Friday Review

Pegged on women

Arunima Kumar. Photo: M. Moorthy

Arunima Kumar. Photo: M. Moorthy  

‘Swaroopa’ by Arunima Kumar explored women-centric motifs through a presentation based on the Kuchipudi style. In a thought-provoking dance performance, Arunima first established the framework of traditional Kuchipudi repertoire and later adjoined it with a contemporary expression of disadvantaged women’s plight.

Arunima, is a senior disciple of veterans Jaya Rama Rao and Vanashree Rao, and has also trained under dancer Swapnasundari. She has performed extensively at prestigious venues in different countries over the world and is the artistic director of her dance company – AKDC (Arunima Kumar Dance Company) based in London and New Delhi. She is actively involved in dance therapy and community projects - arts activities for underprivileged children and women in prisons.

Arunima opened her recital with a lyric in ragam Durga and Adi talam, which was dedicated to the goddess as the Supreme Mother. Voluptuous movements that are characteristic of the Kuchipudi style, fast paced beats and small patterns of rhythm inbuilt in the composition conveyed a brisk quality that was full of life.

An Abhisarika nayika or one who goes in search of her lover was a picturesque portrayal for ‘Sakhi Hey, ’ the Jayadeva Ashtapadi set in Peelu ragam and Misra chapu. Arunima had donned a blue veil and carried a little candle in the palm of her hand to symbolise Radha’s tryst with Krishna in the darkness of the night. The dance composition was framed with abundant potential where the initial trepidation and the element of secrecy were imaginatively represented by the dancer with several nuances. Arunima’s furtive glances and tiptoed movements portrayed the story colourfully. Amidst this pleasantness the tiny tea light or candle stood out as an incongruity. Some thought could have been given to select an appropriate light in terms of size and type, which would match the Ashtapadi’s depiction.

‘Kaali’ in Revati ragam and diverse beats was a thunderous number that symbolised the destructive power. If the intention was to whip up energy, it succeeded but there were also occasions where the high decibel actions jarred against the artistic nature of the rest of the performance. However, the display on the brass plate that followed was skilfully done and matched every beat accurately.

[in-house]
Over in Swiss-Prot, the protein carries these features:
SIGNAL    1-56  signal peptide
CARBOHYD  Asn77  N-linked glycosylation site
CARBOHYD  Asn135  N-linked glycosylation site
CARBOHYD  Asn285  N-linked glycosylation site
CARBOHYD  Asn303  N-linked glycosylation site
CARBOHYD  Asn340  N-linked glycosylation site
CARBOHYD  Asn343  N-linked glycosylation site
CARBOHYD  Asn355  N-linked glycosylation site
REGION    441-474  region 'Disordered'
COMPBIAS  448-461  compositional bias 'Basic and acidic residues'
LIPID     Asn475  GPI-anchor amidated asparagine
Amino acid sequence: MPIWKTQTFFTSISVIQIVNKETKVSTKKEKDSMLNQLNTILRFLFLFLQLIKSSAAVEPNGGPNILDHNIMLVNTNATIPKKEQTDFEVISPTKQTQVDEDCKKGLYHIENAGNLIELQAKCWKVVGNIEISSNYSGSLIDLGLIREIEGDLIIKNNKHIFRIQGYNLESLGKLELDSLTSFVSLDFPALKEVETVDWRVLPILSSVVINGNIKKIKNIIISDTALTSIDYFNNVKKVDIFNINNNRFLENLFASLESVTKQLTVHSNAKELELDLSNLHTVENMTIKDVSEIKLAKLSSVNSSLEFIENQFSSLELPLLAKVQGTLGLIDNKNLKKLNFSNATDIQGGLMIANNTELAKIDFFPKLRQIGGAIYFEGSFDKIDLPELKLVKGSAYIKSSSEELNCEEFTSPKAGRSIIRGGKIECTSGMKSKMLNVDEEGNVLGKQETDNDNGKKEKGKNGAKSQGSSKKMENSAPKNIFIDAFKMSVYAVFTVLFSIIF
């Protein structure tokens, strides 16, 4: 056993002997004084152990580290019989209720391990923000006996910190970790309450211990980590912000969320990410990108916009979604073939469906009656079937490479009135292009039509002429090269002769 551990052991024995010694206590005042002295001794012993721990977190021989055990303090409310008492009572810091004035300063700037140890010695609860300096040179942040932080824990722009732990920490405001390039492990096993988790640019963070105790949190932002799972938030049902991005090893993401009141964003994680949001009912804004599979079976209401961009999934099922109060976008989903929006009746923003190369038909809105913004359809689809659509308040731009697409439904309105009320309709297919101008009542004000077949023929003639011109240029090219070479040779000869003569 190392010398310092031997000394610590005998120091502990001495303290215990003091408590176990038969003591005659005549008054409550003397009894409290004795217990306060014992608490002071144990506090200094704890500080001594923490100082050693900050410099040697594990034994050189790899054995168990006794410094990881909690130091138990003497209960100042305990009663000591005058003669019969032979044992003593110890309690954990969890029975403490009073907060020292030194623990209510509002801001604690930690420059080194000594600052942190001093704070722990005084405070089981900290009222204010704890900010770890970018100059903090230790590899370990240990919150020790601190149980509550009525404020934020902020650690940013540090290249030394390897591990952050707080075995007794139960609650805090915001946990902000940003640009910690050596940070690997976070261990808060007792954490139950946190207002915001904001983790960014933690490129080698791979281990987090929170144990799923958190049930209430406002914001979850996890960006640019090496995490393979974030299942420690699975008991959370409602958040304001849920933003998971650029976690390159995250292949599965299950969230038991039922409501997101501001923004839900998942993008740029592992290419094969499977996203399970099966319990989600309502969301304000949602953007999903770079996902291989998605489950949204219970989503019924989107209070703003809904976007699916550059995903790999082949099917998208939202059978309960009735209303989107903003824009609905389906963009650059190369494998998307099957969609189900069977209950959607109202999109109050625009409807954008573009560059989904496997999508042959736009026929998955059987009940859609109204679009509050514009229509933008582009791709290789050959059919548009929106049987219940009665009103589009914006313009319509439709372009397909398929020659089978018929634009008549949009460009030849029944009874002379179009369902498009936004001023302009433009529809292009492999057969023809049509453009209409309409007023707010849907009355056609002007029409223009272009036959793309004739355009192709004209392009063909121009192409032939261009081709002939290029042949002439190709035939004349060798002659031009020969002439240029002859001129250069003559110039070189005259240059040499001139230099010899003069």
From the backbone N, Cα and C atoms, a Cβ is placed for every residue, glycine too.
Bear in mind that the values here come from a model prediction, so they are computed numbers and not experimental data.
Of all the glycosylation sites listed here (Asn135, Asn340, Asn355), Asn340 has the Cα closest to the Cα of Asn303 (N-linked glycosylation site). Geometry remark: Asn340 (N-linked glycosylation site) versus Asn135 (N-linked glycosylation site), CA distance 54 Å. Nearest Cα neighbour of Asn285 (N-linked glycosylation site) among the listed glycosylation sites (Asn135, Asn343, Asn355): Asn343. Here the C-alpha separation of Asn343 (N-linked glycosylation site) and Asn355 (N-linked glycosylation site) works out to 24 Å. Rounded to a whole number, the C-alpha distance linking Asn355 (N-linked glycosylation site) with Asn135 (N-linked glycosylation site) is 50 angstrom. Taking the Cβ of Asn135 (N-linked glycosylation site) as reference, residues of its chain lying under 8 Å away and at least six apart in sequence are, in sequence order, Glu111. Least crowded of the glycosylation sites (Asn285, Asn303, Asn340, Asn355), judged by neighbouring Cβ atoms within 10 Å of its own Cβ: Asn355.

R. Kesavan’s nattuvangam, Roshni Ganesh’s singing, Ganesh’s violin play, Sashidhar’s flute, Ramashankar Babu’s mridangam beats supported the dancer ably.

Arunima’s Kuchipudi was highly emotive and her torso movements were graceful, but some leaps were done with a stiff- kneed action that tugged at the rhythmic cycles. This was more obvious in the faster speeds where the dancer had to complete a little jump and then catch the tari kita thom finishes. Her body language was fluid with the proficiency to convey variations in energy and mood effectively.

The concluding number of the performance was titled Bandhini. With inputs from Chitra Sundaram, Smt Ramnath and Anita Ratnam this sounded promising. Combining basic Kuchipudi abhinaya with contemporary overtones, Arunima enacted the mental agony suffered by a woman prisoner articulately. Although introduced as a work in progress, the presentation carried substance where the work could be appreciated for its uniqueness. Specifically, the closing section where the woman stretched out her hand behind the invisible bars was compellingly suggestive of her caged life. Looking past the additives of special light effects to denote the prison bars, poetic voice-overs in Hindi and English and special composition, Arunima’s empathy carried the day. Here was an example of a dancer using the underpinning of classical skill sets to relate to a real life situation seamlessly. Bandhini was a case for enterprising dancers to respond to current events in life by drawing upon the essence of tradition sensitively.

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Printable version | Apr 8, 2020 6:35:46 PM |

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